Office: 132 Barker Hall
p: 510-642-6075

Robert Knight, MD

Professor of Neuroscience and Psychology

University of California, Berkeley

Dr. Knight joined the Psychology Department at UC Berkeley in 1998 to develop a program in human neuroscience. After completion of a Neurology residency at the University of California at San Diego, he did post-doctoral training at the Salk Institute for Biological Studies in the area of human neurophysiology. Prior to moving to Berkeley he was a faculty member in the Department of Neurology at the University of California at Davis. During this period he received the Jacob Javits Neuroscience Investigator Award from the National Institute of Neurological Disorders and Stroke for distinguished contributions to Neurological research. Dr. Knight received his BS in Physics from the Illinois Institute of Technology and his MD from Northwestern University Medical School. He is an internationally acknowledged expert in the neurophysiological analysis of cognitive and emotional processing in humans.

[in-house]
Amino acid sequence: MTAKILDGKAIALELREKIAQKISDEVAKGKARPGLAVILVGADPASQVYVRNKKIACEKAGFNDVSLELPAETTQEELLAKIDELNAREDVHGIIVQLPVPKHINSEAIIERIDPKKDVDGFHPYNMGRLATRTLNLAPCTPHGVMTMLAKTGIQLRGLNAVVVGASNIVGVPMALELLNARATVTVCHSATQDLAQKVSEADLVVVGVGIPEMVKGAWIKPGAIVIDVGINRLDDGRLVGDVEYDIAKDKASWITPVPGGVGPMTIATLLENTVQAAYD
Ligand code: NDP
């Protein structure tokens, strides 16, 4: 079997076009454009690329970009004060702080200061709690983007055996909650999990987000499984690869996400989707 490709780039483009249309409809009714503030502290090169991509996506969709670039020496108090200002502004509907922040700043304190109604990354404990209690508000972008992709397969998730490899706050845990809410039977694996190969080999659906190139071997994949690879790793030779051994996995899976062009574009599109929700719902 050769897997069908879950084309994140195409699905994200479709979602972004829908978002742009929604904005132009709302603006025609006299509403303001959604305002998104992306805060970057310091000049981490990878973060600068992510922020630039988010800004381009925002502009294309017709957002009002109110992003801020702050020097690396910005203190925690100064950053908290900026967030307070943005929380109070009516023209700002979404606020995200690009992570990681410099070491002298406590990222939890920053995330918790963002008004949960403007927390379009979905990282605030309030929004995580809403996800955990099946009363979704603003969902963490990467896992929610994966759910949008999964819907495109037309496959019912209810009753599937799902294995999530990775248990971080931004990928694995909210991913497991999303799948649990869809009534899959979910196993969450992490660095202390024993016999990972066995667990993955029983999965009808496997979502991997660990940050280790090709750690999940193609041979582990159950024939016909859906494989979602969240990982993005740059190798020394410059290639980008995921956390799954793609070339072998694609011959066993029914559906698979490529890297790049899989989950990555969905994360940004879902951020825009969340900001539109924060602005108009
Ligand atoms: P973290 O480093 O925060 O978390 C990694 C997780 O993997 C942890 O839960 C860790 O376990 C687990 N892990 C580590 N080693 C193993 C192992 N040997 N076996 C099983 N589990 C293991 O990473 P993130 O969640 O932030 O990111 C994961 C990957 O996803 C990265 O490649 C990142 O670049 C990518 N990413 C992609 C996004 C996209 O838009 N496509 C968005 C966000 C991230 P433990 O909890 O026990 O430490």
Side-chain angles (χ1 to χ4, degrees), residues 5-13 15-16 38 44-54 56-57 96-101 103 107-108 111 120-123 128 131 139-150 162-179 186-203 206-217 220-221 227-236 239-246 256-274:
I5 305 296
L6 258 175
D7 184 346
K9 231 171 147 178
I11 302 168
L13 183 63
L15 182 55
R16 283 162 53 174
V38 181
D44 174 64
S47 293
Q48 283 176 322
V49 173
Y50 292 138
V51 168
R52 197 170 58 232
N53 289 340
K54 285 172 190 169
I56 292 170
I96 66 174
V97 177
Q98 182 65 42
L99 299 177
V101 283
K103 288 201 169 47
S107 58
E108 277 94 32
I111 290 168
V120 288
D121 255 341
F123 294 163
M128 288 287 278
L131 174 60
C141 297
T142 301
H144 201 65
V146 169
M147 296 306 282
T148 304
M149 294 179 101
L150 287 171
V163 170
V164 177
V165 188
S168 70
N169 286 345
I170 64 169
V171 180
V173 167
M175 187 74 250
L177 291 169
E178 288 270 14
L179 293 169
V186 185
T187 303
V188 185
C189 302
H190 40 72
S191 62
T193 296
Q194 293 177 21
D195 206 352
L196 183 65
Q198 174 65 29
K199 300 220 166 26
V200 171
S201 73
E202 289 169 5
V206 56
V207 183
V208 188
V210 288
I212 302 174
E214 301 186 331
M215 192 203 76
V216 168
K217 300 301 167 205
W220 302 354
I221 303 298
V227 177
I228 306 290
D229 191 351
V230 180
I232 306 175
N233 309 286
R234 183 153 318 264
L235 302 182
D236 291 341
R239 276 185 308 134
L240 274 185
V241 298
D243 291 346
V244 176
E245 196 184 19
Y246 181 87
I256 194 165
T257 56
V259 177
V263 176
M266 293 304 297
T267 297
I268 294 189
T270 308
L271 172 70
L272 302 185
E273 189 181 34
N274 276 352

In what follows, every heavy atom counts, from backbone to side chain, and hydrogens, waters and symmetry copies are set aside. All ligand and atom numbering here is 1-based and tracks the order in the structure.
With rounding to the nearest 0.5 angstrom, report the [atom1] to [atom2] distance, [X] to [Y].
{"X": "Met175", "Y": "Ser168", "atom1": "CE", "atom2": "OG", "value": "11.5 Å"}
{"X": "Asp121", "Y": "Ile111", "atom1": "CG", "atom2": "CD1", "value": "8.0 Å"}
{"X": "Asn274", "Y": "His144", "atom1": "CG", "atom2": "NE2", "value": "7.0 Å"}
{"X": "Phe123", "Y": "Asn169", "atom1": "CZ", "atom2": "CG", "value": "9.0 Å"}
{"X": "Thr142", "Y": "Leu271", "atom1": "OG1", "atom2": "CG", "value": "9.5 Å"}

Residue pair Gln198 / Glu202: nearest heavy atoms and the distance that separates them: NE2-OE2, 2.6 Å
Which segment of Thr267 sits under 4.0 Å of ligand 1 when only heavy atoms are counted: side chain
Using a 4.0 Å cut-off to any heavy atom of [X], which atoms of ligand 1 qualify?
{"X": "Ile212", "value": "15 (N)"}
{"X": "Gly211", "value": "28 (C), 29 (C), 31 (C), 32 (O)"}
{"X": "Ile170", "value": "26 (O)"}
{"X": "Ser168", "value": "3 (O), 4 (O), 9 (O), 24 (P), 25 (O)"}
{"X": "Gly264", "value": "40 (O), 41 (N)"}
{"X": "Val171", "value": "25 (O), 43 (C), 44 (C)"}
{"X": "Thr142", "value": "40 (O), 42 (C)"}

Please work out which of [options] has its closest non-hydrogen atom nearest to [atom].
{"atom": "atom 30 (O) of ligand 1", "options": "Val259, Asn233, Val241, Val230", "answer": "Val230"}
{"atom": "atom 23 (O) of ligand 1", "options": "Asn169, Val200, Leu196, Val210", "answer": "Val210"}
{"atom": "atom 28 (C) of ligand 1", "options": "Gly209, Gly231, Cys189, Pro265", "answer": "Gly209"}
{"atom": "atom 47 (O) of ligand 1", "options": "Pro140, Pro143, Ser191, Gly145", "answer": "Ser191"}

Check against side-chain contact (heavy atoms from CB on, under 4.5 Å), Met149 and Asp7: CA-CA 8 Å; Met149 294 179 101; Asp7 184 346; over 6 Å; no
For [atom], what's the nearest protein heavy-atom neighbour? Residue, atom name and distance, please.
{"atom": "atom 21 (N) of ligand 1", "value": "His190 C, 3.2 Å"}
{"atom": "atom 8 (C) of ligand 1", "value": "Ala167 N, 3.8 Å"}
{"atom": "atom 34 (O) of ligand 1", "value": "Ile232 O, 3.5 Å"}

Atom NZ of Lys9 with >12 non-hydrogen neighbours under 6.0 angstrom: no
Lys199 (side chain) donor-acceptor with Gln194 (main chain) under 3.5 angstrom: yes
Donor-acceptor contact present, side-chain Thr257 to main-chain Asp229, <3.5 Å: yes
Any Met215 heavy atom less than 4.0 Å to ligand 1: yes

Dr. Knight is also the Chief Science Advisor of Neurofocus Inc, the market leader in bringing neuroscience expertise to advertising, branding, product development and packaging, and entertainment. NeuroFocus clients include Fortune 100 companies across multiple categories, including automotive, consumer packaged goods, food and beverage, financial services, Internet, retail, and many more sectors. Entertainment category clients include major companies in the broadcast, cable television, and motion picture industries. NeuroFocus is a wholly-owned subsidiary of Nielsen.


>>View complete list of publications by Robert Knight on Pubmed

Jafarpour A, Piai V, Lin JJ, and Knight RT. “Human hippocampal pre-activation predicts behavior.” Science Rep. (2017).

Ri├Ęs SK, Dhillon RK, Clarke A, King-Stephens D, Laxer KD, Weber PB, Kuperman RA, Auguste KI, Brunner P, Schalk G, Lin JJ, Parvizi J, Crone NE, Dronkers NF, and Knight RT. “Spatiotemporal dynamics of word retrieval in speech production revealed by cortical high-frequency band activity.” Proc Natl Acad Sci U S A. (2017).

Holdgraf CR, de Heer W, Pasley B, Rieger J, Crone N, Lin JJ, Knight RT, and Theunissen FE. “Rapid tuning shifts in human auditory cortex enhance speech intelligibility.” Nat Commun. (2016).